• The lack of quantitative data continues, however, with over 10 years experience TxDOT believes RCA provides a cost benefit in specific applications. The RCA is bid as an option, so the economics of the low bid system drives the use of RCA.
  • There was a perception that environmental impacts would rise from using recycled materials.
    • TxDOT has educated itself through several years of using RCA. TxDOT has also established mechanisms, such as waste stream documentation, to identify the source of the materials.
  • Benefits could only be realized where there is an adequate supply of quality RCA.
    • The market place, in some areas, assures that a constant waste stream is present within specific geographical regions.
  • The placement of RCA base material has provided some hurdles in grading and compacting.
    • Excessive working of the RCA base will segregate the base materials. Minimum shaping of the RCA base material should occur.
    • Compaction of the RCA base should be in a saturated state to aid in the migration of fines throughout the mix.

TxDOT still is looking to gain additional experience or information in the following areas:

  • An acceptable test procedure for assuring durability of the RCA in concrete, asphalt, and base materials.
  • A better method of evaluating and accepting RCA that has contaminates (gypsum, wood, fiberglass, etc).
  • Crushing facility relationships with neighbors in an urban environment. This includes dust production, noise pollution, and truck traffic.
  • Determination of allowable thresholds of other materials, such as lead and asbestos, in the RCA.
  • Establishment of environmental testing designated to evaluate the impacts of using RCA.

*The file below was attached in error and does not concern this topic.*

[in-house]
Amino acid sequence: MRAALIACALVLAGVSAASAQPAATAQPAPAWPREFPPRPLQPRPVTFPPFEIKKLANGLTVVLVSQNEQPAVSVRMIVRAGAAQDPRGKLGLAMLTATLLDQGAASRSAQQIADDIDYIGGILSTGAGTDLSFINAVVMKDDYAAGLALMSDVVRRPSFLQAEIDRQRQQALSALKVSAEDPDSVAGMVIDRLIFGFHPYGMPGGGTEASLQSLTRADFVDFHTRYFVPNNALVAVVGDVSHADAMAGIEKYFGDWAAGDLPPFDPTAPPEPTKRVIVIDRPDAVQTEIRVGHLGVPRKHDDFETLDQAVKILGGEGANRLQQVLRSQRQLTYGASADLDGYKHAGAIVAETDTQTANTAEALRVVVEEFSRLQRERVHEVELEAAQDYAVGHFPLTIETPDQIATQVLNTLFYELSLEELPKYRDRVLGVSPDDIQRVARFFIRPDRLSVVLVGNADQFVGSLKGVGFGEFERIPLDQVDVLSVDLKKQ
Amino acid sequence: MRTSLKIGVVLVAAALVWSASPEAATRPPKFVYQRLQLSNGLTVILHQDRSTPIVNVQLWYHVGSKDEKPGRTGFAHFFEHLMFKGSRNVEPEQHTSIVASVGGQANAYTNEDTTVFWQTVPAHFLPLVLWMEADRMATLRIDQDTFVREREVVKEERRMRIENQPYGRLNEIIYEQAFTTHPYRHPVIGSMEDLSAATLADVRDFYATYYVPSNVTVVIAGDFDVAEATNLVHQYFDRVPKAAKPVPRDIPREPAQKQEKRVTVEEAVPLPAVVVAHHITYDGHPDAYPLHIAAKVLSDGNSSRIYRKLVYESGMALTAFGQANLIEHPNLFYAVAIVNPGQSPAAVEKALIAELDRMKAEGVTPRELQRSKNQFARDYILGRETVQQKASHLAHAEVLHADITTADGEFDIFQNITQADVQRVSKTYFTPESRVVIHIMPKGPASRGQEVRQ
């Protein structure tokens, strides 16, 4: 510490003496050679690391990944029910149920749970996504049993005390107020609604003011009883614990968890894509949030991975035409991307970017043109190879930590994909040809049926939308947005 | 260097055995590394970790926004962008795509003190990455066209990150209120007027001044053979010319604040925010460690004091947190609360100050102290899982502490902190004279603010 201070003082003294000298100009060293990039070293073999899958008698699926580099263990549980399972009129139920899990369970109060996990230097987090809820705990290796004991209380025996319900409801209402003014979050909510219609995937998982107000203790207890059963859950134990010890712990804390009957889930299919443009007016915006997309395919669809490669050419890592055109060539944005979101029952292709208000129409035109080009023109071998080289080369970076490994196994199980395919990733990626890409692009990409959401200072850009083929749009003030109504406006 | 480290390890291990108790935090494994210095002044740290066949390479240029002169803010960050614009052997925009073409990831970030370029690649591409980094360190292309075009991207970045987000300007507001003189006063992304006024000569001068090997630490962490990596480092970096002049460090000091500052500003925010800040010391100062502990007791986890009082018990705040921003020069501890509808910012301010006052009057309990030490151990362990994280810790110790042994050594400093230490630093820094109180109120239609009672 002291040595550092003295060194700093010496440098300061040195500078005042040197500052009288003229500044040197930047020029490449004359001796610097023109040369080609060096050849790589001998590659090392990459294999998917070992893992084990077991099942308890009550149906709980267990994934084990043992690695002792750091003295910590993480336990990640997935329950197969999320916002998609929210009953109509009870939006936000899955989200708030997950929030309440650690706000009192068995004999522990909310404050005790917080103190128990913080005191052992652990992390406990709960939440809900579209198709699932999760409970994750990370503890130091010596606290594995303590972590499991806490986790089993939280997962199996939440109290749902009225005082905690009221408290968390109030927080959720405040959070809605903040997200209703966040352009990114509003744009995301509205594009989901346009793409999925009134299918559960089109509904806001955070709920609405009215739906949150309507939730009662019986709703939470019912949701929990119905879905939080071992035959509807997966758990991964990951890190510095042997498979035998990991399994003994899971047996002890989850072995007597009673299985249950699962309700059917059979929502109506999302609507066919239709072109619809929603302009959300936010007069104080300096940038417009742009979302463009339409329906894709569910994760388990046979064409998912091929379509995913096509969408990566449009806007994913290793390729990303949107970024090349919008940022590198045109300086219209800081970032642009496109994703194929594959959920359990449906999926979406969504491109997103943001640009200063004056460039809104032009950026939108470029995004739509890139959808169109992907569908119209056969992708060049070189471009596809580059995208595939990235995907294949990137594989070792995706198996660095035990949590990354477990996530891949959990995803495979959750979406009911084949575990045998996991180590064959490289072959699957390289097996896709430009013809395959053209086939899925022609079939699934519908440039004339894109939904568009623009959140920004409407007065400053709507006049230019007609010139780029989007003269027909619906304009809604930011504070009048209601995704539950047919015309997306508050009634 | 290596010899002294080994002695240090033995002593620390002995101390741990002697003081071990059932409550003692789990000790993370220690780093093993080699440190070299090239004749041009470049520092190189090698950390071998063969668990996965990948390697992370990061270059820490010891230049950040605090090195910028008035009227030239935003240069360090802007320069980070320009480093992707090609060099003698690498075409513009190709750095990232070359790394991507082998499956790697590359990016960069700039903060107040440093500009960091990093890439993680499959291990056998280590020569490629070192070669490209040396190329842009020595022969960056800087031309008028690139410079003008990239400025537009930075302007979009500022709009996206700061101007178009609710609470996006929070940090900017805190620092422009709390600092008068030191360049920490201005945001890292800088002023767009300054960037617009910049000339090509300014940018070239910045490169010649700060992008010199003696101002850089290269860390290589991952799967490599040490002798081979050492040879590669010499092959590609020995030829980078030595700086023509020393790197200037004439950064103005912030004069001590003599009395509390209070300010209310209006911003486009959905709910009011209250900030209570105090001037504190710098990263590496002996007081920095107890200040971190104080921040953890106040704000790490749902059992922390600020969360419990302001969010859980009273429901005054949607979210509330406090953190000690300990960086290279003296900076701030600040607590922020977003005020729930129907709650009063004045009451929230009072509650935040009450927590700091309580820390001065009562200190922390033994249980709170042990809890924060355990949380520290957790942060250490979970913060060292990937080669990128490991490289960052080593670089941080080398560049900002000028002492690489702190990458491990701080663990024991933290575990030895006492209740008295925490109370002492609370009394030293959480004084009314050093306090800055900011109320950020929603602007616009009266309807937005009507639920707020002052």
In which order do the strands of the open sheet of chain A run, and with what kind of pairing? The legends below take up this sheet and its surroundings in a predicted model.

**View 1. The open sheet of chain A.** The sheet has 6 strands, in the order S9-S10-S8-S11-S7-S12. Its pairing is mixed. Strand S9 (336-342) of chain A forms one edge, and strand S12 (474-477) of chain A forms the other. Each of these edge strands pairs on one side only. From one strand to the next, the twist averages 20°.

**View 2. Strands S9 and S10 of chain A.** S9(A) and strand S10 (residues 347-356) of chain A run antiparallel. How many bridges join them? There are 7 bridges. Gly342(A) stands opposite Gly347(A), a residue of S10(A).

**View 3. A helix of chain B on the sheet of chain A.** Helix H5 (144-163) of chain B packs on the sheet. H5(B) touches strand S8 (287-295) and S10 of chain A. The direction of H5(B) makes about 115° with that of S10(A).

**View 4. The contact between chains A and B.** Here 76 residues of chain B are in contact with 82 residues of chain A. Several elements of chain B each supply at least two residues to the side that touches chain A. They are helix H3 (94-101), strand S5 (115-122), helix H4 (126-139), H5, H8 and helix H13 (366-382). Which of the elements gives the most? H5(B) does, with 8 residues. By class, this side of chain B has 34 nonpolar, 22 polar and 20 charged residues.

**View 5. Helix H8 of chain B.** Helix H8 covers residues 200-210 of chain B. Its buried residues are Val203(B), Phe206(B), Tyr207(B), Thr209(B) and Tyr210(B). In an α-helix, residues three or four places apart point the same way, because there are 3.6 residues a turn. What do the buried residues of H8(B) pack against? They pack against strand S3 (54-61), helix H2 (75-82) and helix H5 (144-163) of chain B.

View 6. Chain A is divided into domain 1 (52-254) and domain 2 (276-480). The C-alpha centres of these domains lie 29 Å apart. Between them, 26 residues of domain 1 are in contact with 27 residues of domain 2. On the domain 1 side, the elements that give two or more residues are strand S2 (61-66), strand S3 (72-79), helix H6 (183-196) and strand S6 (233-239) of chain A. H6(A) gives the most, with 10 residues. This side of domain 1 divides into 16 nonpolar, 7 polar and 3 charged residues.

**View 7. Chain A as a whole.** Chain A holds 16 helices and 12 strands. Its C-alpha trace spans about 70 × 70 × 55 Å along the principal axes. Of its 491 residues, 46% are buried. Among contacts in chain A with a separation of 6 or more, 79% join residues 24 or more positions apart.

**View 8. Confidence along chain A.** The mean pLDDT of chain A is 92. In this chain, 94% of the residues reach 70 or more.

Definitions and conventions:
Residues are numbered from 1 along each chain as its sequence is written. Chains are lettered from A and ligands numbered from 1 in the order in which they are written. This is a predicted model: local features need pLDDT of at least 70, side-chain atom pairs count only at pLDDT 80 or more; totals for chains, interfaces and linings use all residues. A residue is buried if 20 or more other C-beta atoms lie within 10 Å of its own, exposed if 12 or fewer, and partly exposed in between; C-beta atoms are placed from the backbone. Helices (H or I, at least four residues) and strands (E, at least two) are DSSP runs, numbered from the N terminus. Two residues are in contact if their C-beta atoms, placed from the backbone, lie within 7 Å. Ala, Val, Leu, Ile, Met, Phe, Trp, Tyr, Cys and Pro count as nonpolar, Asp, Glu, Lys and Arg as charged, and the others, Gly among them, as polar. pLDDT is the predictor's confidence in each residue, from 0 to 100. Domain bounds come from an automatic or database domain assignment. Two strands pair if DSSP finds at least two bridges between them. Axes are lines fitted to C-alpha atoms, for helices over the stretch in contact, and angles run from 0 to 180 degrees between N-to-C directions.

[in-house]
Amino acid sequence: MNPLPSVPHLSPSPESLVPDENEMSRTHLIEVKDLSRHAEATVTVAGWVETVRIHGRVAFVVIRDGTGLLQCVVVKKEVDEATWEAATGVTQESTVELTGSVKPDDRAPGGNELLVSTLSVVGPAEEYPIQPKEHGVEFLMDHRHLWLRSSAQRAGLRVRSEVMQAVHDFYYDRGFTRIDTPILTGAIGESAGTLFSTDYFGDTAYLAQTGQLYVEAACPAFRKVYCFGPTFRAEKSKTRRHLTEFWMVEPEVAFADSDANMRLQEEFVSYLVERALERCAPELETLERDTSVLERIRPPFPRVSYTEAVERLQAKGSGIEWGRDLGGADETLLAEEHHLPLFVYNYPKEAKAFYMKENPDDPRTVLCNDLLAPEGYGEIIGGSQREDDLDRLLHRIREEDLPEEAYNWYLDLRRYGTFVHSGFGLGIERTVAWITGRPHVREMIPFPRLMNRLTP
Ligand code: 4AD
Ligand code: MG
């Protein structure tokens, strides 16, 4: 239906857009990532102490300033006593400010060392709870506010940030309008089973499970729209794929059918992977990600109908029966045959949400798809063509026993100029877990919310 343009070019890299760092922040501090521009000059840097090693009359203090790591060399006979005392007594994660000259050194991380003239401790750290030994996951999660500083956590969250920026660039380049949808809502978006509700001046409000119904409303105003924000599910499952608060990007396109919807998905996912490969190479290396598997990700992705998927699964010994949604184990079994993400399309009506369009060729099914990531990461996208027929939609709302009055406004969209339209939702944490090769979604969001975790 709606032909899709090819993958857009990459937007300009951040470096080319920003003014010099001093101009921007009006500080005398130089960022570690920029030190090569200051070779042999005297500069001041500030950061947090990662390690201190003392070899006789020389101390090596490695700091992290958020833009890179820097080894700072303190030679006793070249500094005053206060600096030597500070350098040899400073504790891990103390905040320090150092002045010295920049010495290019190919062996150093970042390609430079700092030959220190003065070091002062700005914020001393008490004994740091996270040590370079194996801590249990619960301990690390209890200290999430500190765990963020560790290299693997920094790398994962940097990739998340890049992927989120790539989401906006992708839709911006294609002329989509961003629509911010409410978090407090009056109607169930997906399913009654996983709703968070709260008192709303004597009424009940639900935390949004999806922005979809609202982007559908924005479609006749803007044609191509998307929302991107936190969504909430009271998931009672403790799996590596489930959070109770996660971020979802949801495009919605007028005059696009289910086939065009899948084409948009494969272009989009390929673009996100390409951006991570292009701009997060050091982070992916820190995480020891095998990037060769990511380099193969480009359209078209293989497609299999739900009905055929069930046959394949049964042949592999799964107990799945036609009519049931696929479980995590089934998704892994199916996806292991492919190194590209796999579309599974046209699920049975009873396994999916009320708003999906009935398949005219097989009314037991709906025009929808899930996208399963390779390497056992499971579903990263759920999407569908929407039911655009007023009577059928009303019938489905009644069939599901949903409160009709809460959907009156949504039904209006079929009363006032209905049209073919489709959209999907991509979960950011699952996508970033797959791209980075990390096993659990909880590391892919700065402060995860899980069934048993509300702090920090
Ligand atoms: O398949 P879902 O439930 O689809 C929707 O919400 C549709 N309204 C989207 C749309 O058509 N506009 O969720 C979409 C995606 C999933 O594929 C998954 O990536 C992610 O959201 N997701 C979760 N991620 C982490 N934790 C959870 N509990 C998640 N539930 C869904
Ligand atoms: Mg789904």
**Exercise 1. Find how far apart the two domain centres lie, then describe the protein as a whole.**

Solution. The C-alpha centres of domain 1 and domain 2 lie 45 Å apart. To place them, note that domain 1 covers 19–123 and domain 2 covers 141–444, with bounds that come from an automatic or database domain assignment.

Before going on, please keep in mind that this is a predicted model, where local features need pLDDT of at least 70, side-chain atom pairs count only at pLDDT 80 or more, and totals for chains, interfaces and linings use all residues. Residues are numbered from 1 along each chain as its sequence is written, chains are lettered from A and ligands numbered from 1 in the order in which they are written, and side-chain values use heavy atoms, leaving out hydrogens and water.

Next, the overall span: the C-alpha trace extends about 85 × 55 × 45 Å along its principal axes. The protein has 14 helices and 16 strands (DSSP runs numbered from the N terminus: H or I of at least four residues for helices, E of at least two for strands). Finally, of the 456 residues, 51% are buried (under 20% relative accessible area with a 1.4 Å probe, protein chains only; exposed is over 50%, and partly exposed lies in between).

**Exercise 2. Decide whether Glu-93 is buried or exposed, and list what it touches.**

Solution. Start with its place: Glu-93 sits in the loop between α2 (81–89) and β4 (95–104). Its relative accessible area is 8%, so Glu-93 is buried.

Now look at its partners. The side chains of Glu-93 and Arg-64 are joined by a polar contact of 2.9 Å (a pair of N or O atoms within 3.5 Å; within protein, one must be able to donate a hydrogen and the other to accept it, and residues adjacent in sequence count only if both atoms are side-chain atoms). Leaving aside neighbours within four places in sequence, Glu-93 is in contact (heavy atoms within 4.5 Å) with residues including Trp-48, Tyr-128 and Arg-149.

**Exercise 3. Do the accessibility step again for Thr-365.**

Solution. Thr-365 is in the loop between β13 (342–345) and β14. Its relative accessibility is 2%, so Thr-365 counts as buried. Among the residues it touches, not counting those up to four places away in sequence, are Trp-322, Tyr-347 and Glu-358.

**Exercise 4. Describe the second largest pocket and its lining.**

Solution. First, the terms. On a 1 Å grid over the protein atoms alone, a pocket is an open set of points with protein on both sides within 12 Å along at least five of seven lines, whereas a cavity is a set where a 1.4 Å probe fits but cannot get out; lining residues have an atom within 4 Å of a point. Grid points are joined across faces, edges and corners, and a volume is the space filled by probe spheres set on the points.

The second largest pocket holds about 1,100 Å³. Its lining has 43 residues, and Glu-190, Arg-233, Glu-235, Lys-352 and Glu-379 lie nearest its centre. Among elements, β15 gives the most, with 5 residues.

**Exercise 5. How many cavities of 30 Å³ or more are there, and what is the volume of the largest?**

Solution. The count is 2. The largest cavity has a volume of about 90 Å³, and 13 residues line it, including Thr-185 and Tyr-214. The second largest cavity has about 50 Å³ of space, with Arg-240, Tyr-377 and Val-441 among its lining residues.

• Better understanding of the relationship of RCA in structural concrete and its performance.
  • Conduct research and educate the public on the social economic impacts of crushing.
  • Conduct research and educate consumers on the social economic impacts of recycling concrete aggregate.
  • Indirect barriers of RCA being perceived as a lower quality product continue to exist.
  • Some standard specifications continue to exist that infer that recycled materials cannot be used (TxDOT Specification 247 and 421)

People in attendance at discussion groups

Review Team

Pavement & Materials

Environmental and Planning

Project Administration

Industry

Leadership

Materials Received during the review

  • General Notes for Item 262, 263, and 276
  • Current DMS-11000, Guidelines for Evaluating and Using Non-hazardous Recyclable Materials (NRMs) in TxDOT Projects.
  • Proposed DMS-11000, Guidelines for Evaluating and Using Non-hazardous Recyclable Materials in Department Projects.
  • Texas Natural Resource Conservation Commission, Air Quality Standard Permit for Temporary Rock Crushers.
  • Texas Functional Organizational Chart
  • Some project files for US 59 - In Houston
  • Some project files for IM-10-7(361)762

Research Reports

  • TX-02/4954-1, Characterization of crushed concrete materials for paving and non-paving applications.

Sites Visited

Projects

  • US 59 - In Houston, this project added a lane to an existing bridge structure. The lane addition contained RCA in the decking concrete and structural piers.
  • IM-10-7(361)762, This project was the removal of CRCP pavement and replacement with 14 " of CRCP with RCA as the coarse and fine aggregate in the mix.

Crushing/Recycling facilities

  • Williams Brothers recycling facility. We observed a stock pile of concrete to be recycled, crushing facilities, washing facilities, stockpiles, and a closed wash and rain water containment system. This facility only accepts concrete rubble from highway projects. The washed aggregate is used in new concrete.
  • Southern Crushed Concrete recycling facility. We observed concrete to be recycled, crushing facilities, stockpiles, and a pug-mill mixer for producing cement stabilized base. This facility accepts concrete ruble from all sources. The RCA produced at this facility is only produced and sold as base or fill material.
 
Updated: 04/07/2011